As reported in the Santa Fe New Mexican, the background check bill described below has been introduced as SB 48 and HB 50.
“…The seeming inanity of the D.C. law* is all
too common in the gun rights debate more generally. Gun control
advocates seem ever willing to adopt any gun regulation no matter how
unlikely the law is to actually accomplish its objectives….the National
Rifle Association, Gun Owners of America, and other gun rights
groups oppose closing the secondary market loophole. Their position
seems to be “Let’s keep guns out of the hands of criminals, just don’t
pass any laws that make it harder for criminals to get their hands on
guns.” Welcome to the great American gun debate….” -UCLA Constitutional Law Professor Adam Winkler, in "Heller's Catch-22"
* overturned by SCOTUS in District of Columbia v Heller
On a 9 November entry on its web site, Moms Demand Action states "Everytown and New Mexico Moms Demand Action Declare Victory in Creating Bipartisan Background Check Majority in State Legislature", specifically calling out legislators Nate Gentry (R), Bill Soules (D), Liz Stefanics (D) and Elizabeth Thomson (D). We can therefore expect that at minimum, a background check bill will be introduced by the Democratic majorities in both houses.
The purpose of a background check is difficult to argue against, i.e., we all have a moral and legal obligation to not transfer firearms to prohibited persons, i.e. those with a felony, legal finding of mental defect, protective order, or other disqualifications on their record. Hence, polls repeatedly show majorities, even majorities of gun owners, support them in principle. A straightforward bill that facilitated background checks for gun owners transferring weapons via the secondary (i.e, private sales) market to those whom they cannot personally (and, perhaps, in a legally binding manner) vouch for in high confidence is a good idea, as long as the State ensures these can be done without due financial or time burdens on gun owners. (Note added later--we also need a less false-positive prone system). Indeed, it would be reasonable to provide tax rebates or other incentives to pay for these as the government provides for other actions (such as green energy, bicycle commuter, home mortgage, and other tax credits) it wishes to encourage for the public good.
Where Everytown runs into trouble is when it tries to hide onerous gun controls in the guise of background checks. The recent Everytown endorsed ballot questions in Nevada (where it barely passed) and Maine (where it was defeated) are examples of gun control overreach that spell doom for any cooperation between law abiding gun owners and gun violence prevention organizations.
Buried in the ballot questions in both NV and ME were toxic "temporary transfer" prohibitions that would criminalize many normal, safe, and legal activities that gunsport enthusiasts take for granted. Any transfer not explicitly listed as exempt is illegal unless a gun owner legally transferred title of a gun to another person at a licensed dealer (FFL). So, the following would be illegal without literally transferring ownership via an FFL because Everytown makes no distinction between temporary transfers between long term gunsport buddies and putting a gun for sale on something like Gunbroker.com:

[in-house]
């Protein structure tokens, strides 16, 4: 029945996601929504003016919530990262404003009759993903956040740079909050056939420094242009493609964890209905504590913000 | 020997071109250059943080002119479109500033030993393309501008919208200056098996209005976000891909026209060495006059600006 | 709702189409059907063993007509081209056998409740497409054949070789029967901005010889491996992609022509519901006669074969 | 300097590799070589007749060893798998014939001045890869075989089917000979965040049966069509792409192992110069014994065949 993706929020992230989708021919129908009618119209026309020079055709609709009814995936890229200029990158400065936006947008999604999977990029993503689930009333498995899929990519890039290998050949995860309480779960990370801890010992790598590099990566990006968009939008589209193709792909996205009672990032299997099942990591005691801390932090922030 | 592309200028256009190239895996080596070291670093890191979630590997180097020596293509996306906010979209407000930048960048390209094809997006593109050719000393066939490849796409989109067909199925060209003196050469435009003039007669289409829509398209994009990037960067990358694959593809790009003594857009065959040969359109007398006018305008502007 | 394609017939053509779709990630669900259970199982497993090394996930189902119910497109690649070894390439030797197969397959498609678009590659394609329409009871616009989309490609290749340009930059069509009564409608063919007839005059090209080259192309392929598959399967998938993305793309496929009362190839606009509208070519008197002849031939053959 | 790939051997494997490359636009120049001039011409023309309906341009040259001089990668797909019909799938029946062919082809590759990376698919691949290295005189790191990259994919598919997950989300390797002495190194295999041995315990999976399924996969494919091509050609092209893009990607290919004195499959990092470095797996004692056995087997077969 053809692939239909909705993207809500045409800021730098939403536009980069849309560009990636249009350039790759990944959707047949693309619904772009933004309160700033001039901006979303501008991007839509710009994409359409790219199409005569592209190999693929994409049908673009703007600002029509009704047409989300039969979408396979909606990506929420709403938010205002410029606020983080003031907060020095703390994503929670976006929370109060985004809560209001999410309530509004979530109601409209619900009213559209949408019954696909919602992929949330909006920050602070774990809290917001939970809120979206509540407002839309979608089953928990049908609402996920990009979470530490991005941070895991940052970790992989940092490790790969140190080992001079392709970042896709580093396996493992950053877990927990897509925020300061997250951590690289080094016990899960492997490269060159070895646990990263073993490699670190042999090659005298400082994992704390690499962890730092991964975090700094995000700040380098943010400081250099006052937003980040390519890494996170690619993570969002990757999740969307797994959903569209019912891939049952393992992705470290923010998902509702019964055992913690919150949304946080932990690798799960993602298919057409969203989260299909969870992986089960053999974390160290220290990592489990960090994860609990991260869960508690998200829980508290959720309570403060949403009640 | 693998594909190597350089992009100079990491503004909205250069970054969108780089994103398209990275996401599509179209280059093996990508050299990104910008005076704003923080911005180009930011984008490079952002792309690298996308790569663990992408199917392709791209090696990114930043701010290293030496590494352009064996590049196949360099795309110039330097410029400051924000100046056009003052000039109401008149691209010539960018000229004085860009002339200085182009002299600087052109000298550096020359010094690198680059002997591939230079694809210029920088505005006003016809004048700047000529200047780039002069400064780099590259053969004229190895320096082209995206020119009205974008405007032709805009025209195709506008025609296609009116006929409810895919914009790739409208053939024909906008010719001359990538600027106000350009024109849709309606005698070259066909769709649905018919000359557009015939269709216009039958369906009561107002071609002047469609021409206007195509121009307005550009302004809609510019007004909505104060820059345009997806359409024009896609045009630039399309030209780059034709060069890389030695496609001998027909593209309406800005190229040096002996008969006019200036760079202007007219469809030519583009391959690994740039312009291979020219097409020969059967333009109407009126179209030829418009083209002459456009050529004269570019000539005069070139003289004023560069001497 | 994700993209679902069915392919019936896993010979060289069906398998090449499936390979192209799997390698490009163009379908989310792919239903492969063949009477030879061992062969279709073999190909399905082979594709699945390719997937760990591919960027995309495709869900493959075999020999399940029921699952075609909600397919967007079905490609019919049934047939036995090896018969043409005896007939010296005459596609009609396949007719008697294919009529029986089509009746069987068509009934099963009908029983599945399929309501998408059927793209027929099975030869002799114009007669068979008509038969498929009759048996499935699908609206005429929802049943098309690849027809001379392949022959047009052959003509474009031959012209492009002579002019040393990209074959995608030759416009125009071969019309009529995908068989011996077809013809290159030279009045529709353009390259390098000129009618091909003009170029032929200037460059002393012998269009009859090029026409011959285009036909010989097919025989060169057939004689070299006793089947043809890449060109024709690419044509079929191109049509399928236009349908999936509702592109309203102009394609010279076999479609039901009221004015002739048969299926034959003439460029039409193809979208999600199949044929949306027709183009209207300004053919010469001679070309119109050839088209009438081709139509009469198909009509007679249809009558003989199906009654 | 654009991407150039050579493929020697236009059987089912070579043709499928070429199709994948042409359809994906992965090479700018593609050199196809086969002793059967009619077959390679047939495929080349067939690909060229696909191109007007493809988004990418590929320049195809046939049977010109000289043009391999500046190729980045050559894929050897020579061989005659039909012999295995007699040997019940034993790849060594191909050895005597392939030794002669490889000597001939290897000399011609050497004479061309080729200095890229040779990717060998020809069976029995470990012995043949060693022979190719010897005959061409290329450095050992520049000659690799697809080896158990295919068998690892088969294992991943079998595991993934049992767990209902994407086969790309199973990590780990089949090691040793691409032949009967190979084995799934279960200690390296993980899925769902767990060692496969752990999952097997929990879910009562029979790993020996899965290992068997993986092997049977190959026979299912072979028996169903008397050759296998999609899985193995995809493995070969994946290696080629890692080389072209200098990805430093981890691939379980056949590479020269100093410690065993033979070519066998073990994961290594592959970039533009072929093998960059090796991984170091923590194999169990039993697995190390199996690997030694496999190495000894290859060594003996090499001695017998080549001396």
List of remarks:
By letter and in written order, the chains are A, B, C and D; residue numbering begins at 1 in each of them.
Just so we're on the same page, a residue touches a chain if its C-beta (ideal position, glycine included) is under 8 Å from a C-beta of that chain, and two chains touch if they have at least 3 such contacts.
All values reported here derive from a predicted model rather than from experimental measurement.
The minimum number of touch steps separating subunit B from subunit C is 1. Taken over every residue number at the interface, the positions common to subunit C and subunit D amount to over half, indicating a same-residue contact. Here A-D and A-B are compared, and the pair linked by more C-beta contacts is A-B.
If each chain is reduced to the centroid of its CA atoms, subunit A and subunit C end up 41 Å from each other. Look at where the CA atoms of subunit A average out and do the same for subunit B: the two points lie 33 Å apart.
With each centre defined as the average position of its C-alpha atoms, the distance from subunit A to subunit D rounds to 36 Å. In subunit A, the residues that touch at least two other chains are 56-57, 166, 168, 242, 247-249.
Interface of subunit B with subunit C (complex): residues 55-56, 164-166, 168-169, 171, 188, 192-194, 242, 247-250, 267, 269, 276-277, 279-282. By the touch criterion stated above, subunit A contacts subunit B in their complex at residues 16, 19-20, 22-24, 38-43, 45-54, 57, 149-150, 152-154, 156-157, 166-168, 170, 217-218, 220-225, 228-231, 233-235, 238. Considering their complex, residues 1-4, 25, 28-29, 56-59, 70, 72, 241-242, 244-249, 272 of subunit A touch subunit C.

• Letting a buddy handle and shoot your firearm anywhere but at a designated shooting range unless you are in that person's actual presence (better not duck off to "water a tree" unless that tree is close by).
• Leaving a gun with a friend who does light gunsmithing, adds accessories, or has the
tools to do repairs and upgrades.
• Loaning a pistol to a friend unless the friend is in imminent jeopardy.
• Storing your firearms in a friend's safe while out of town.
• Loaning a friend a gun for a hunting trip unless you are in proximity to the borrower.
• Storing firearms for a friend who may be temporarily despondent due to personal hardship (unless you can legally demonstrate it is "only as long as necessary to prevent such imminent death or great bodily harm"). Recall that about two thirds of all gun deaths in the US are suicides.
12 of the 16 sheriffs in Maine and 16 of 17 in Nevada opposed these ballot initiatives. Further, enforcement would be a nightmare or downright impossible unless guns are registered to owners. Would that be the next step and if so, it needs discussion. So it is extremely important for the gun owning community to examine, as soon as possible, any bills prefiled or introduced during this legislative session, read the fine print, and call your representatives with input.
The gun owning community should endorse reasonable actions that reduce gun violence. A straightforward law that mandated background checks for transfers to someone you cannot, in good faith, legally vouch for, or for permanent transfers between most buyers and sellers (with exceptions for family members and long term close friends, etc) is a good idea. For example, I could, in high confidence, transfer a firearm to someone I know who goes through the same Federal investigative hoops I go through, without fear of any surprises.
Likewise, the gun violence prevention community must not destroy the required trust needed to reach common ground. Indeed, if the gun violence prevention community would spend more time studying gun culture (for example, as studied by sociologist David Yamane of Wake Forest University), some of the colossal misreadings of gun enthusiast's motives and activities that lead organizations like Everytown to support bad legislation could be avoided.
Published in edited form in the Santa Fe New Mexican and Los Alamos Daily Post.
NOTE: As reported in the Santa Fe New Mexican, the background check bill described above has been introduced as SB 48 and HB 50.